Omega 3 fats in seafood tied to healthy aging

October 26, 2018 in Healthy Eating, Nutrition for Older Adults, Nutrition Topics in the News

Omega 3 fats in seafood tied to healthy aging

People may be more likely to age without health problems when they have higher blood levels of omega 3 fatty acids, a recent study from Tufts University in Boston suggests. 

The researchers focused on “healthy aging”, the number of years people live without developing disabilities or physical or mental health problems. They examined data on 2,622 adults who were 74 years old on average, and followed them from 1992 to 2015. Only 11 percent of participants experienced healthy aging throughout the entire study period. 

National guidelines advise that adults eat about eight ounces a week of seafood, ideally by eating it twice a week in place of meat, poultry or eggs. Choices that are high in omega 3s include salmon, anchovies, herring, shad, sardines, oysters, trout and Atlantic or Pacific mackerel. 

Higher omega-3’s, longer and healthier lives

In the study, people with the highest blood levels of omega 3 fatty acids were 18 percent to 21 percent less likely to experience unhealthy aging.

Researchers measured blood levels of omega 3s at the start of the study and again after six and 13 years had passed. These included eicosapentaenoic acid (EPA), docosahexaenoic acid (DHA), docosapentaenoic acid (DPA), and alpha linolenic acid (ALA). The main sources of EPA, DHA and DPA are fish seafood, while ALA is found mainly in walnuts, flaxseeds, chia seeds, hemp seeds and soybeans.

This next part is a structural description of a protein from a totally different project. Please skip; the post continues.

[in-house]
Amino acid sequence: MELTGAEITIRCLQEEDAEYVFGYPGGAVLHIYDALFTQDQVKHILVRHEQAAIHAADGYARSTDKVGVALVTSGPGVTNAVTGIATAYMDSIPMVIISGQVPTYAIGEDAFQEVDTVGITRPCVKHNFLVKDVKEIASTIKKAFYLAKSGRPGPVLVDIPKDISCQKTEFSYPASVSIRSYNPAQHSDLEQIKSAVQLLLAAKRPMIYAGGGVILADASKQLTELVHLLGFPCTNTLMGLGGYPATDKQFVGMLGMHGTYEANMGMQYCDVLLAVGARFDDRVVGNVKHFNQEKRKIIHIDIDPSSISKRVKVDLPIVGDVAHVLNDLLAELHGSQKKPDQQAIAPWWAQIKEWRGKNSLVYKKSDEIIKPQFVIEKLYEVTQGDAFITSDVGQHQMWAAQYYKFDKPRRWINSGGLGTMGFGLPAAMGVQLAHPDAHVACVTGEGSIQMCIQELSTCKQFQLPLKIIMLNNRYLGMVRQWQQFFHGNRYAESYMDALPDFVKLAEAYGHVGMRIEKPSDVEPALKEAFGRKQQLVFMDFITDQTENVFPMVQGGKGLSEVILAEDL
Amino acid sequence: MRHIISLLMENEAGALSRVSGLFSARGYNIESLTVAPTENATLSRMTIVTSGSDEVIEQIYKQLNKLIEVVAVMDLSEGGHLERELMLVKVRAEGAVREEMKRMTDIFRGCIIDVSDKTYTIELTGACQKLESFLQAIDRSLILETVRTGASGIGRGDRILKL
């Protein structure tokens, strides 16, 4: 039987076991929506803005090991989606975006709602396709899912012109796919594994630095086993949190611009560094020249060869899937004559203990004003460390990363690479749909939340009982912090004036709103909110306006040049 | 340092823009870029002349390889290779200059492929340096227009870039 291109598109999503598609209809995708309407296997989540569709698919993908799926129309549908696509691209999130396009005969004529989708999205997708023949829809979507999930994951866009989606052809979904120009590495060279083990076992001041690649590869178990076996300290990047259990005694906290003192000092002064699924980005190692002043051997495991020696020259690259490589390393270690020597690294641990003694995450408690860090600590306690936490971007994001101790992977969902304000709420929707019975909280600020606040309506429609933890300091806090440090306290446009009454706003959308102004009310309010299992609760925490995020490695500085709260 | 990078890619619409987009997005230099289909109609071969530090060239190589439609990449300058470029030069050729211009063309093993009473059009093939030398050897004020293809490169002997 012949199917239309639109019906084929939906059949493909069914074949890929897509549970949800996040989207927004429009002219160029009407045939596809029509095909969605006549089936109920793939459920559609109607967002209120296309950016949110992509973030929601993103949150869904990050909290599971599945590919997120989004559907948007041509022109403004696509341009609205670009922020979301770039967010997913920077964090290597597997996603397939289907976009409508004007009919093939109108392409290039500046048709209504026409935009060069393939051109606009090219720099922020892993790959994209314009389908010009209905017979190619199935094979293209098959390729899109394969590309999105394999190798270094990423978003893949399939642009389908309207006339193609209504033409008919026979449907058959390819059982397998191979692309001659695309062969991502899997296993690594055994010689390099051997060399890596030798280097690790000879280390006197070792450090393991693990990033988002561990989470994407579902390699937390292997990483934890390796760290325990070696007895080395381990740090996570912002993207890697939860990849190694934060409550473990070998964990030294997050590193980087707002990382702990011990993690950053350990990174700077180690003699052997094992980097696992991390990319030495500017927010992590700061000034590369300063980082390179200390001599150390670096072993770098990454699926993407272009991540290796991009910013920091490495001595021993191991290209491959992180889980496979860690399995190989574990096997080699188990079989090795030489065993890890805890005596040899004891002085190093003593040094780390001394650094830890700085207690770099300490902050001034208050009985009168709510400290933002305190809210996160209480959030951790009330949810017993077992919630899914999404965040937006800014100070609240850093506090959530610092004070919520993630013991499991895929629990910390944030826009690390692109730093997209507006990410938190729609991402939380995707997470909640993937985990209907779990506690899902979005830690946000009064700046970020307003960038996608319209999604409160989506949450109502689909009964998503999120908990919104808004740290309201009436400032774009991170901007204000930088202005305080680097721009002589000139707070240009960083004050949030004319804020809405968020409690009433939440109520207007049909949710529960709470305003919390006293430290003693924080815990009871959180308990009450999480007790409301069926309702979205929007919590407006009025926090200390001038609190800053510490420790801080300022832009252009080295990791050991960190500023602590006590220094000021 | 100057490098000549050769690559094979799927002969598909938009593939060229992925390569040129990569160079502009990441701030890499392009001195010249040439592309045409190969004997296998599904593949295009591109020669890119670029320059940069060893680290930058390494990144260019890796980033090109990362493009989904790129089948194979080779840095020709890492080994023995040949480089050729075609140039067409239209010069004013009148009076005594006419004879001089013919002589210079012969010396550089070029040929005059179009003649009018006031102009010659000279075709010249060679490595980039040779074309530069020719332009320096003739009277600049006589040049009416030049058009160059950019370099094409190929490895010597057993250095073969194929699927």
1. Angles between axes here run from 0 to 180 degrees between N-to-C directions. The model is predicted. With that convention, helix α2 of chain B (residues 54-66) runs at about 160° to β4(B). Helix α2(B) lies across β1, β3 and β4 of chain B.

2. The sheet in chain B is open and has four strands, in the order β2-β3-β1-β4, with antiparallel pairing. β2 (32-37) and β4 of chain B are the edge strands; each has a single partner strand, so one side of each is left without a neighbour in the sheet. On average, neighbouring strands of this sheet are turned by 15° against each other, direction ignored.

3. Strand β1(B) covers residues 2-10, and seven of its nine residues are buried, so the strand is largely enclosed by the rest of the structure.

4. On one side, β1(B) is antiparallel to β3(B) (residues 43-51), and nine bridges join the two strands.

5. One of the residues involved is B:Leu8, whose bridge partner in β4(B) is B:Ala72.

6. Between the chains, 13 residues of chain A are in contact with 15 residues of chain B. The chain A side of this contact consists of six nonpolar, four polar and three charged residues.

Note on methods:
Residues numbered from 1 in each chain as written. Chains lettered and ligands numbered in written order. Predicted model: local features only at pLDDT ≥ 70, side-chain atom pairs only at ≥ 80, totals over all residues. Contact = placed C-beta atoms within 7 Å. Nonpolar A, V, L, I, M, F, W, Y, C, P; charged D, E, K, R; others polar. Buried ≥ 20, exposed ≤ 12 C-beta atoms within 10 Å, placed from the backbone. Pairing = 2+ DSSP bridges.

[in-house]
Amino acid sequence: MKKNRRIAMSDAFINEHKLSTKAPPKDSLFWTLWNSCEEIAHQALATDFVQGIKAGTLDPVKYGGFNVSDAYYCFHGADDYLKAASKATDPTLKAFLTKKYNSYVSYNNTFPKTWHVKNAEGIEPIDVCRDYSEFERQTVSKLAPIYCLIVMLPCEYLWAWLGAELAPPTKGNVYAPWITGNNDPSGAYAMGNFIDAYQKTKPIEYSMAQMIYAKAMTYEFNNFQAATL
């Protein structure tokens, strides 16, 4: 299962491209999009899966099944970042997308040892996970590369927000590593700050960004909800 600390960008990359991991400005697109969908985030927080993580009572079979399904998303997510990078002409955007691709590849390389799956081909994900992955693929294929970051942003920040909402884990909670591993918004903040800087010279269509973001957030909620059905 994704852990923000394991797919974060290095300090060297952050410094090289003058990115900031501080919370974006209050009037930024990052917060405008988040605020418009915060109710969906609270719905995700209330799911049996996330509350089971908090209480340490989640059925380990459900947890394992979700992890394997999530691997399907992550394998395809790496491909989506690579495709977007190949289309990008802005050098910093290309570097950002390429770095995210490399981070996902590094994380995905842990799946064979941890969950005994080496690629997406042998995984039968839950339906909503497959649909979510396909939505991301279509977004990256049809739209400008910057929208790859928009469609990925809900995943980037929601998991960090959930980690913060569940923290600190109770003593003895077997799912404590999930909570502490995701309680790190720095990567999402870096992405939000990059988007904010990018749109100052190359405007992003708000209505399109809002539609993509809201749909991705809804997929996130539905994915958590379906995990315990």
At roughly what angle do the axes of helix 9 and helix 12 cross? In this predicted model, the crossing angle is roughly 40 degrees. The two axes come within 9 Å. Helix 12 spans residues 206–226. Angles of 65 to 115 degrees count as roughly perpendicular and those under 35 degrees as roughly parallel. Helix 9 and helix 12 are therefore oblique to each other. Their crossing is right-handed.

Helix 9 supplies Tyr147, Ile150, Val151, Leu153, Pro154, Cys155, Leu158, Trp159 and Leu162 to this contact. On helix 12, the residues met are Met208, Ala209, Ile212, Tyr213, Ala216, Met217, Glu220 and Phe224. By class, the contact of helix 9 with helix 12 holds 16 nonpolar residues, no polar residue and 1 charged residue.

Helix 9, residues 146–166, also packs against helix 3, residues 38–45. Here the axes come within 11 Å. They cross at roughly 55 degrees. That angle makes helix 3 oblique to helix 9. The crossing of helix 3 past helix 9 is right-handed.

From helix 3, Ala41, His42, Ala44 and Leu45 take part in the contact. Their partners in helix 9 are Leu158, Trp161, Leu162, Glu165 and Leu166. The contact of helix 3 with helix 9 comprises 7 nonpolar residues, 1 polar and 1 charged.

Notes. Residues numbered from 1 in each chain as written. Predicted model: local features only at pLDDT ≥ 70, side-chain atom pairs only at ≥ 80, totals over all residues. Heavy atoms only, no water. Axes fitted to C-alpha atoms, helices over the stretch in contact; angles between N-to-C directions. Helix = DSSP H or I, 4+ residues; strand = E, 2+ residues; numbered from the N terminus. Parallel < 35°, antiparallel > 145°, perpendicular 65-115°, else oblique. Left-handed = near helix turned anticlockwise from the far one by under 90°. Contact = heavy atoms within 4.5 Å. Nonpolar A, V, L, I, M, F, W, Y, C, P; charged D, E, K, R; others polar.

Based on these measurements, researchers split participants into five groups, from lowest to highest levels of circulating omega 3s. 

After accounting for social, economic and lifestyle factors, researchers found that people with the highest levels of seafood-derived EPA were 24 percent less likely to experience unhealthy aging that individuals with the lowest levels of EPA. 

For DPA levels, participants in the top three groups were 18 to 21 percent less likely to experience unhealthy aging. Seafood-derived DHA and plant-derived ALA, however, didn’t appear to influence the chance of healthy aging. 

A possible explanation for this protective effect is that omega 3s help to regulate blood pressure, heart rate and inflammation. 

Previous research has linked omega-3s to a lower risk of abnormal heartbeats, less fats in the blood, reduced risk of artery-clogging deposits known as plaque, and slightly lower blood pressure. 

Study limitations

The current study wasn’t a controlled experiment designed to prove whether or how omega 3s might directly influence health. Another drawback is that it didn’t look at omega 3 supplements. 

Source: BMJ, online October 17, 2018.

All research on this web site is the property of Leslie Beck Nutrition Consulting Inc. and is protected by copyright. Keep in mind that research on these matters continues daily and is subject to change. The information presented is not intended as a substitute for medical treatment. It is intended to provide ongoing support of your healthy lifestyle practices.